The evolution of Android malware may be anticipated to be quite similar to desktop malware initially. However, Android’s great market share as well as its openness and its unique security features have all provided an interesting opportunity for the attackers. In addition, smartphones have introduced new technologies that can lead to more diverse and bigger attack vectors. For instance, mobile cellular data, high-quality cameras and sensors and location-aware services are appealing launching points for attackers. All these reasons have made Android malware evolve faster over time.

In this post, readers are provided with an evolution timeline of Android malware (Fig. 1) and some relevant information specific to each year gathered from security threat reports of popular cyber security firms, including F-Secure (Finish company), Kaspersky Lab (Russian company), McAfee (American company), Symantec (American Company), Trend Micro (Japanese company), and, finally, Avira (German company).

Figure 1: The Android malware evolution over years.

2010 - Android Malware Comes into Existence

The first malware in Android operating system was first detected in August 2010. This Trojan family, known as FakePlayer, pretended to be a media player for watching porn video clips in Android. However, it was just an app that sent SMS text messages (with 798657 as body) to premium-rate numbers (in this case, 3353 and 3354 numbers) without user’s consent (Listing 1). It had an icon in its res directory which looked very similar to the legitimate Windows Media Player application.

.line 35
invoke-static {}, Landroid/telephony/SmsManager;->getDefault()Landroid/telephony/SmsManager;
move-result-object v0
.line 54
.local v0, "m":Landroid/telephony/SmsManager;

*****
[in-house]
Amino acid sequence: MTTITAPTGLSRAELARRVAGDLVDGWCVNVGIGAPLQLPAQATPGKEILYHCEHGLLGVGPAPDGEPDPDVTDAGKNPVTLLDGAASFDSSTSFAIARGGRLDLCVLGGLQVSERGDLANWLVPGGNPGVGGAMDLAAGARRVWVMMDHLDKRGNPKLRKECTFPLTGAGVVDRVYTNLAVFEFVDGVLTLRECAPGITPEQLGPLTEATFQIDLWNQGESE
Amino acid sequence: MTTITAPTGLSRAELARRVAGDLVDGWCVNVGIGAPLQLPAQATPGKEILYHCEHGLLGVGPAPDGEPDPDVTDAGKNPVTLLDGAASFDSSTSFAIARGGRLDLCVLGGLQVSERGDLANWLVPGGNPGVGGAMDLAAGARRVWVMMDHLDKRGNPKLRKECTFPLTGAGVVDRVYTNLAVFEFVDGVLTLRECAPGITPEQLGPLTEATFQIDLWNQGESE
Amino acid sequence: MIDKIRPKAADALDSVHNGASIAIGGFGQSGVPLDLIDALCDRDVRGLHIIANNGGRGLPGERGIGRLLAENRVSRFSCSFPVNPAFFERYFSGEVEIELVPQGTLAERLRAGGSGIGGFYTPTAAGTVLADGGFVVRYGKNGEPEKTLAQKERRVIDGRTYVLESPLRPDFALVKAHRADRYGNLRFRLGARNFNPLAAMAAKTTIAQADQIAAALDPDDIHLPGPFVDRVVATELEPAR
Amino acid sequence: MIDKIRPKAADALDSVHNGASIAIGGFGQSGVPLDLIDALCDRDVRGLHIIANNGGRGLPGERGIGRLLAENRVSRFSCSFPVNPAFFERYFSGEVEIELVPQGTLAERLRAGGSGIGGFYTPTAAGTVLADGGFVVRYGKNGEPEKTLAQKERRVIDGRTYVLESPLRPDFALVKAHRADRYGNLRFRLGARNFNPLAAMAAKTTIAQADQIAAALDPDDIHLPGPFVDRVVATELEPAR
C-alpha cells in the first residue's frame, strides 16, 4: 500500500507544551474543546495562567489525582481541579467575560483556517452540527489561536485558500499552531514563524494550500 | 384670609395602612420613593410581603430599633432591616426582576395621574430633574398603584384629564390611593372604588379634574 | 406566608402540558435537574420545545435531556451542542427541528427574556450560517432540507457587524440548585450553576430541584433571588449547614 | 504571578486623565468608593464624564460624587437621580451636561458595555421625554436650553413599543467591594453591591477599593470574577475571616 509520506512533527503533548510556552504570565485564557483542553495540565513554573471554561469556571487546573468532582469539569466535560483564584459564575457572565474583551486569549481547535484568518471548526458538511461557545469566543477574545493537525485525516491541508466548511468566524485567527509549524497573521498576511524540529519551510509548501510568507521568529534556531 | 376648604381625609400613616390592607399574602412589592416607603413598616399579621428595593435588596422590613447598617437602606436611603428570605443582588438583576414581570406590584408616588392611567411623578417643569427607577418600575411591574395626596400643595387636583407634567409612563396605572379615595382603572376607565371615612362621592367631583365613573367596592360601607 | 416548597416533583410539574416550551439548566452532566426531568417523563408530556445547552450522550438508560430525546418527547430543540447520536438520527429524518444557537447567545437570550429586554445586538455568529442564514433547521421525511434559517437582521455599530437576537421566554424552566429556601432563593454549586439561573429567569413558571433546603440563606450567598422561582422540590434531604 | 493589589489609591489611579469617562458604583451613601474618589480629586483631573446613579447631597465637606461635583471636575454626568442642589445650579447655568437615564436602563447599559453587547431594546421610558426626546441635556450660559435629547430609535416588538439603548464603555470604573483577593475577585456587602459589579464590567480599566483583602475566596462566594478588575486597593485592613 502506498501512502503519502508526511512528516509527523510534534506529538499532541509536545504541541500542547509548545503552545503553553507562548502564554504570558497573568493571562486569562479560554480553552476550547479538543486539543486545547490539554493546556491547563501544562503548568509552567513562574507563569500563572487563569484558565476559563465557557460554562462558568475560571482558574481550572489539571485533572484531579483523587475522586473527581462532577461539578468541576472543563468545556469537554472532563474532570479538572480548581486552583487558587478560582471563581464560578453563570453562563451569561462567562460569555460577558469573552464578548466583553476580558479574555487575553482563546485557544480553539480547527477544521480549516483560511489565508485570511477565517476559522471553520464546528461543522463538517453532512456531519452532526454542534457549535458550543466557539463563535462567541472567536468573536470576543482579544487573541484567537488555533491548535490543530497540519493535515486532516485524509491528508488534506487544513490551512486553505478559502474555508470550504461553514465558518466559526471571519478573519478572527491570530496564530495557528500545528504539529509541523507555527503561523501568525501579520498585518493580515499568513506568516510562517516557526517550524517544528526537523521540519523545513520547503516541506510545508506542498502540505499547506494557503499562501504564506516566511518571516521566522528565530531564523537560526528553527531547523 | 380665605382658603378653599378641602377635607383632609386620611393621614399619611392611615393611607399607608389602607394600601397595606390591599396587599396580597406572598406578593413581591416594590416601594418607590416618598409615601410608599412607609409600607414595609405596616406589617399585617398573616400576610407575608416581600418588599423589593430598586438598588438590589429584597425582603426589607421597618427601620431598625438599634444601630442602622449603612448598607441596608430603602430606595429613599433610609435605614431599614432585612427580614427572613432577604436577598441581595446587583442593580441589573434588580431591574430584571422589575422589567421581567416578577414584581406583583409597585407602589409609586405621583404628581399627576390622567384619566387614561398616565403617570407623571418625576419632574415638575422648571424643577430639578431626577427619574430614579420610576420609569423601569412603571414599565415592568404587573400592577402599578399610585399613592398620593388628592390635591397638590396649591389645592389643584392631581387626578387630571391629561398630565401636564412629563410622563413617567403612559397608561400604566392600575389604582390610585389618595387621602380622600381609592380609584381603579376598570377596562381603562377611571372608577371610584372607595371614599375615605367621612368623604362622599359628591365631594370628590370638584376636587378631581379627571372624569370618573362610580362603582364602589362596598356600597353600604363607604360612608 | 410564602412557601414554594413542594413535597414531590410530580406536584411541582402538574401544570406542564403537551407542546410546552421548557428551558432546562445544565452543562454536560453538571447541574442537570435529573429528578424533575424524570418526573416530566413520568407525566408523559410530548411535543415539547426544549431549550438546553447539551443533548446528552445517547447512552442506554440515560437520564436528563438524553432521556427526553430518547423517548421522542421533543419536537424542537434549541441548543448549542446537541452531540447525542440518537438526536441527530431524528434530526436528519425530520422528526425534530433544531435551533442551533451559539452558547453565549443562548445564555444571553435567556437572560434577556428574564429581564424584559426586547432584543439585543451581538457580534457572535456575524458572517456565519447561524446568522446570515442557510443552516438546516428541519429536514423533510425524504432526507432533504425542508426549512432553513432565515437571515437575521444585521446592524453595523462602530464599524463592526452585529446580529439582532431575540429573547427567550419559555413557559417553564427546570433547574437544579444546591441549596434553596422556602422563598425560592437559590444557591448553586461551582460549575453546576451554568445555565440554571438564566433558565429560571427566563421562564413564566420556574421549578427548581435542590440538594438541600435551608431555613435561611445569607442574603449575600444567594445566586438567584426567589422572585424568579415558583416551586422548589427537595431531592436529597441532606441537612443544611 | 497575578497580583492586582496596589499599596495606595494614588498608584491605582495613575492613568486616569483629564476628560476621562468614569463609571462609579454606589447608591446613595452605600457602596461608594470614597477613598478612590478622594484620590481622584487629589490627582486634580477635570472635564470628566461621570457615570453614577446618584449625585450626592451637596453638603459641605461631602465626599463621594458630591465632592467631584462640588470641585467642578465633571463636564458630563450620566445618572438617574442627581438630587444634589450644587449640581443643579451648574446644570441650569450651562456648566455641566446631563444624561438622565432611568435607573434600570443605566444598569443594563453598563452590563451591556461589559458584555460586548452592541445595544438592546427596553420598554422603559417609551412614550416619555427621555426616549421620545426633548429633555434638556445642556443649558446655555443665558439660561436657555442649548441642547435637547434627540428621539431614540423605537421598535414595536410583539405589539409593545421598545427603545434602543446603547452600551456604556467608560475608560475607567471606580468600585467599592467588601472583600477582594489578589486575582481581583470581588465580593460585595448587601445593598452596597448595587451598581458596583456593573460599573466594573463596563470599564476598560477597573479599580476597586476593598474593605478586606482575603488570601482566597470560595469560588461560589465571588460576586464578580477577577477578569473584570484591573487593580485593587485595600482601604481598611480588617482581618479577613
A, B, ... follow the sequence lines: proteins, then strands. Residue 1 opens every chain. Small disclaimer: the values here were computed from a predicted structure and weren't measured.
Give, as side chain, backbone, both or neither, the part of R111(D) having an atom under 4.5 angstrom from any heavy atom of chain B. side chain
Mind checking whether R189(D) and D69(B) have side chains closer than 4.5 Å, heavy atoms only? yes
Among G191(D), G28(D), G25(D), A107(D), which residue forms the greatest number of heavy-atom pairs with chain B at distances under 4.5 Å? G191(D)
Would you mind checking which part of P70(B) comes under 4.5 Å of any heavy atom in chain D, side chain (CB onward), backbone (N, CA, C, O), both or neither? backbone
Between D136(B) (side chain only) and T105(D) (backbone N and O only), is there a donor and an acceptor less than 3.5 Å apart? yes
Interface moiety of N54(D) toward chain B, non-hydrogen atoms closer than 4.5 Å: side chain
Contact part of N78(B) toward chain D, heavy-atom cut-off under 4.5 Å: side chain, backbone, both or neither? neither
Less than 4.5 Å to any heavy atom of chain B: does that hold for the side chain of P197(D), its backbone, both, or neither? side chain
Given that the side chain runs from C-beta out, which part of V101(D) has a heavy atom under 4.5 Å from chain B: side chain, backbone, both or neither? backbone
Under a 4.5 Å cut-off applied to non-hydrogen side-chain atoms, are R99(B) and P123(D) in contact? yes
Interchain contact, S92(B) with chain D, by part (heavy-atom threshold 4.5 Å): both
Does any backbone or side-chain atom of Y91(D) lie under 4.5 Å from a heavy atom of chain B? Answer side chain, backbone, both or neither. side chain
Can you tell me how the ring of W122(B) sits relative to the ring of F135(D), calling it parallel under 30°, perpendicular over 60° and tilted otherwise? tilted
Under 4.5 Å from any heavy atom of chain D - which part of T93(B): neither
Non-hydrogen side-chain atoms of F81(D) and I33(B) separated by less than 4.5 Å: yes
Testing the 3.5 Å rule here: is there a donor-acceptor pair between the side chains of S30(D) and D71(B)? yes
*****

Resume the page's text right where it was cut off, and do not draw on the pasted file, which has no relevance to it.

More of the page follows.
const-string v1, "3353"
.line 55
.local v1, "destination":Ljava/lang/String;
const-string v3, "798657"
.line 57
.local v3, "text":Ljava/lang/String;
const/4 v2, 0x0
const/4 v4, 0x0
const/4 v5, 0x0
Listing 1: An excerpt of smali code extracted from one of the main FakePlayer classes.

FakePlayer was an easy-to-analyze malware family with only 3 main classes and almost 350 lines of code. It was specifically developed to target Russian smartphone users for two main reasons. First, Android official market (known as Android Market in 2010) was not accessible world-wide, and, second, money could be sent easily on Eastern European telecom carriers.

Later on, cyber security companies discovered the first spyware in Android malware, called Tapsnake. Tapsnake was a Trojan embedded into a game (Tap Snake) capable of leaking location information to a remote server every 15 minutes. It could also allow a third-party to track user’s geographical location by installing another paid app, called GPS Spy. Two key registration information, including an email address and a key were required to be typed in both Tapsnake and GPS Spy to enable geo-location tracking. These information were acquired by social engineering techniques.

Geinimi was another newsworthy Android malware family initially detected by Lookout at the end of 2010. This family was the most sophisticated malware found by that time with innovative capabilities. Firstly, it was a repackaged version of legitimate Android apps like President vs. Aliens (an educational app) and Baseball Superstars 2010 (a game app) to name a few. Secondly, it made use of two anti-analysis techniques to hide its malicious behavior, including network communication encryption and network communication code obfuscation. Thirdly, it had some botnet-like capabilities with more than 20 commands implemented in its source code. Since then, Geinimi has been found in a wide range of locations, ranging from unofficial marketplaces to official ones.

2011 - The Rise of Repackaged Malware

Malicious apps increased in number from 84 samples in 2010 to more than 1000 in 2011. Also, inspired by the success of Geinimi in 2010, repackaging benign apps was rapidly imitated by malicious apps from several new families such as ADRD, Pjapps, DroidDream, DroidDreamLight, Zsone, BaseBridge, DroidKungFu, jSMSHider, GoldDream and AnserverBot in 2011. In total, around 86% of malware specimens found in 2010 and 2011 were repackaged versions of legitimate apps.